Legislature entering final week with some work to do
Follow the money as lawmakers debate tax cuts and how to spend what's left over.
PIERRE, S.D. — It’s nearly curtains on the 98th legislative session.
Borrowing from a Republican leadership press conference filled with baseball analogies — “we’re not calling balls and strikes here,” Senate Majority Leader Casey Crabtree, of Madison, said on dynamic tax conversations; it’s “not the ninth inning yet,” Sen. Michael Diedrich, of Rapid City, informed reporters moments later — lawmakers are rounding third.
They may have to run over a catcher on their way home.
Here are five things you may have missed during a hectic week in Pierre.
Tax decision looms as discussions reach fever pitch
Pick your favorite Groundhog Day-esque film. That’s where the South Dakota Legislature sits in its quest to relinquish some of its record surpluses to taxpayers.
For months, the vast majority of lawmakers have spoken in favor of giving residents a tax cut, leaving the specific details for a far-off future.
Now in that future, an agreement sans details remains. Take a deep breath, here is how things stand after a frenzied week in tax policy.
The original $100 million idea to drop the sales tax from 4.5% to 4.2%, House Bill 1137, moved through the Senate budget committee and is on its way to the floor, though it now carries an amendment that would sunset the policy after two years, though lawmakers could extend that deadline in the future.
Both Gov. Kristi Noem and a number of lawmakers are critical of this change.
“I think it would be a shame to have a sunset on this,” Rep. Chris Karr, of Sioux Falls, the main backer of the overall sales tax cut in the House, told Forum News Service. “I don't think that's fair to the people of South Dakota. I think that seems calculated. I think it's all the things that people don't like about politics.”
Then there are two “vehicle bills,” a moniker referring to general pieces of legislation designed to move through the many deadlines in the lawmaking process and then be amended as the final weeks pan out.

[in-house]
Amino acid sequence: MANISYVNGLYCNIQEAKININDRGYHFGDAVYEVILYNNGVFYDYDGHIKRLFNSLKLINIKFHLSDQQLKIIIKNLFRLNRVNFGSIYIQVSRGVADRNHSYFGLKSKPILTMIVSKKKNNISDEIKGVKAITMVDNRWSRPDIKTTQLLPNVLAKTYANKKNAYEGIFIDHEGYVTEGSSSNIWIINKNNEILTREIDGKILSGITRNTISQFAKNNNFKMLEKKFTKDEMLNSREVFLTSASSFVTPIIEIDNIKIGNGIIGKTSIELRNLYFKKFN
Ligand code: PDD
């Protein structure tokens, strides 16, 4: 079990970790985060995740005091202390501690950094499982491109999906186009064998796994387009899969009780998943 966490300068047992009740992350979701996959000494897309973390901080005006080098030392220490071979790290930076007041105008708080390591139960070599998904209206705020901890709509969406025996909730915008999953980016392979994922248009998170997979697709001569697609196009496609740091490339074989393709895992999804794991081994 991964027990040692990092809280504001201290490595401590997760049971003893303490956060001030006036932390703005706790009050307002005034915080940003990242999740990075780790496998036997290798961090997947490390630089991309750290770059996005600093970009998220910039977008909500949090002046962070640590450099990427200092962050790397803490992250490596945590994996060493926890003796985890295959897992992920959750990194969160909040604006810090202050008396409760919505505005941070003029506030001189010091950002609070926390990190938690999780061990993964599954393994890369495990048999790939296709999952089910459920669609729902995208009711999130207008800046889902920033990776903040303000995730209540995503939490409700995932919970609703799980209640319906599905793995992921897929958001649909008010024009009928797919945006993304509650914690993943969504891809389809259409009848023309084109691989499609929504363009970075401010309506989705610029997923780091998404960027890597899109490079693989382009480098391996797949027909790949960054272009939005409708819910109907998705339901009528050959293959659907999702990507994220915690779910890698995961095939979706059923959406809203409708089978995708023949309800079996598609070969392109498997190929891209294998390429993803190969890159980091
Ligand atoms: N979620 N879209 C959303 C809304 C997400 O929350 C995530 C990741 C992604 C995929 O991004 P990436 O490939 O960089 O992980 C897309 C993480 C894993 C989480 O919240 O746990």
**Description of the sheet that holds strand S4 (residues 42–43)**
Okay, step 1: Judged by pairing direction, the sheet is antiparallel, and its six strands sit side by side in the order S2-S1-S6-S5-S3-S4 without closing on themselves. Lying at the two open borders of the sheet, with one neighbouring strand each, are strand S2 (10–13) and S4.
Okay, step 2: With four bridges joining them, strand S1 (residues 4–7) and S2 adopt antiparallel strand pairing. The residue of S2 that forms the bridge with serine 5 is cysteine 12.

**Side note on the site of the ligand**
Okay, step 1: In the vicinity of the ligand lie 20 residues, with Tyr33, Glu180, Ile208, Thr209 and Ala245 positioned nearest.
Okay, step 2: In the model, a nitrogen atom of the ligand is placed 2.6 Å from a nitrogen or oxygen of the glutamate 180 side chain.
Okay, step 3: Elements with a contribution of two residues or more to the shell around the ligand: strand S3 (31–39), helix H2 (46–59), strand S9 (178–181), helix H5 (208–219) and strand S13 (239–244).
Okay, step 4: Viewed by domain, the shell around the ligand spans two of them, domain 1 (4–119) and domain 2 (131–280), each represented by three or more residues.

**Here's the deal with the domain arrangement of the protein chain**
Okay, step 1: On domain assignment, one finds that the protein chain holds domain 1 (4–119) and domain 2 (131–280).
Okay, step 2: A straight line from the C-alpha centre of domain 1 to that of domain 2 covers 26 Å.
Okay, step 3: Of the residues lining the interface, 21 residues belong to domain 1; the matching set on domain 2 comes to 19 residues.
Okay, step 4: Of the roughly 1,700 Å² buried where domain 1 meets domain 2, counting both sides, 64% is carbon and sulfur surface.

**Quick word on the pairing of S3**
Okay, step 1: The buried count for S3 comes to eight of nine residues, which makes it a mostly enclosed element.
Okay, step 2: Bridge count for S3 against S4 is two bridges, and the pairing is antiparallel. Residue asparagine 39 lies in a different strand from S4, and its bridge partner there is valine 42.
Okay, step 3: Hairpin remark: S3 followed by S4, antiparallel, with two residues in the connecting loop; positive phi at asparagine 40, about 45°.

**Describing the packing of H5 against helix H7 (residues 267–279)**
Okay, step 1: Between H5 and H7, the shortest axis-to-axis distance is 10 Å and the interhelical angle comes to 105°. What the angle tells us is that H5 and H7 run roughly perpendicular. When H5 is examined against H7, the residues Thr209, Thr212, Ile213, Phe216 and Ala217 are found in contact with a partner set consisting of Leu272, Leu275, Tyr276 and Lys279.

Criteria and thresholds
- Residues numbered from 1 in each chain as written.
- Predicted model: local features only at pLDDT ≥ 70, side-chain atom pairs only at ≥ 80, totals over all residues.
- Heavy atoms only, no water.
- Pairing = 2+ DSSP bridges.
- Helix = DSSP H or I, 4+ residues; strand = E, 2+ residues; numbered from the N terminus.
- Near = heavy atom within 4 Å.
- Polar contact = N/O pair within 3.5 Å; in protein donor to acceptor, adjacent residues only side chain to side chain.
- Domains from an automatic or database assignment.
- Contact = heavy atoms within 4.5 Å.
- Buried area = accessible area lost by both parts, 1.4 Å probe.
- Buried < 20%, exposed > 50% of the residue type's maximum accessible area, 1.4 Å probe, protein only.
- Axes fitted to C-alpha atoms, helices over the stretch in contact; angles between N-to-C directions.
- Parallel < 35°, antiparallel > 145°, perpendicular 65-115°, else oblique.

The Senate turned one of these vehicle bills, House Bill 1141, into a $425 property tax rebate for each owner-occupied, single-family home in the state, which would not-so-coincidentally also cost the state $100 million.
The House, in turn, amended Senate Bill 112, morphing it back into the “clean sales tax cut,” the same three-tenths reduction but without the sunset clause slated for 2025.
All three of these bills are on a collision course toward what’s called a “conference committee,” which is formed when the House and Senate pass different versions of the same bill and are unable to concur with changes.
During a Republican leadership press conference on Thursday, each chamber’s top lawmakers remained confident that they wouldn’t leave the session empty-handed.
“I would love to do a joint debriefing, if you will, from the [budget] workgroup [on taxation] to the members of the Senate or the House, maybe even an informational session one afternoon,” Karr told Forum News Service on Friday. “Let's talk through these proposals and answer questions. It's going to boil down to communication.”
No life raft thrown out for counties
It’s back to the drawing board after a poor legislative session for cash-strapped South Dakota counties, property-tax-reliant entities that often seem to run third in line to the state and municipalities, both of which can levy sales taxes in addition to other revenue streams.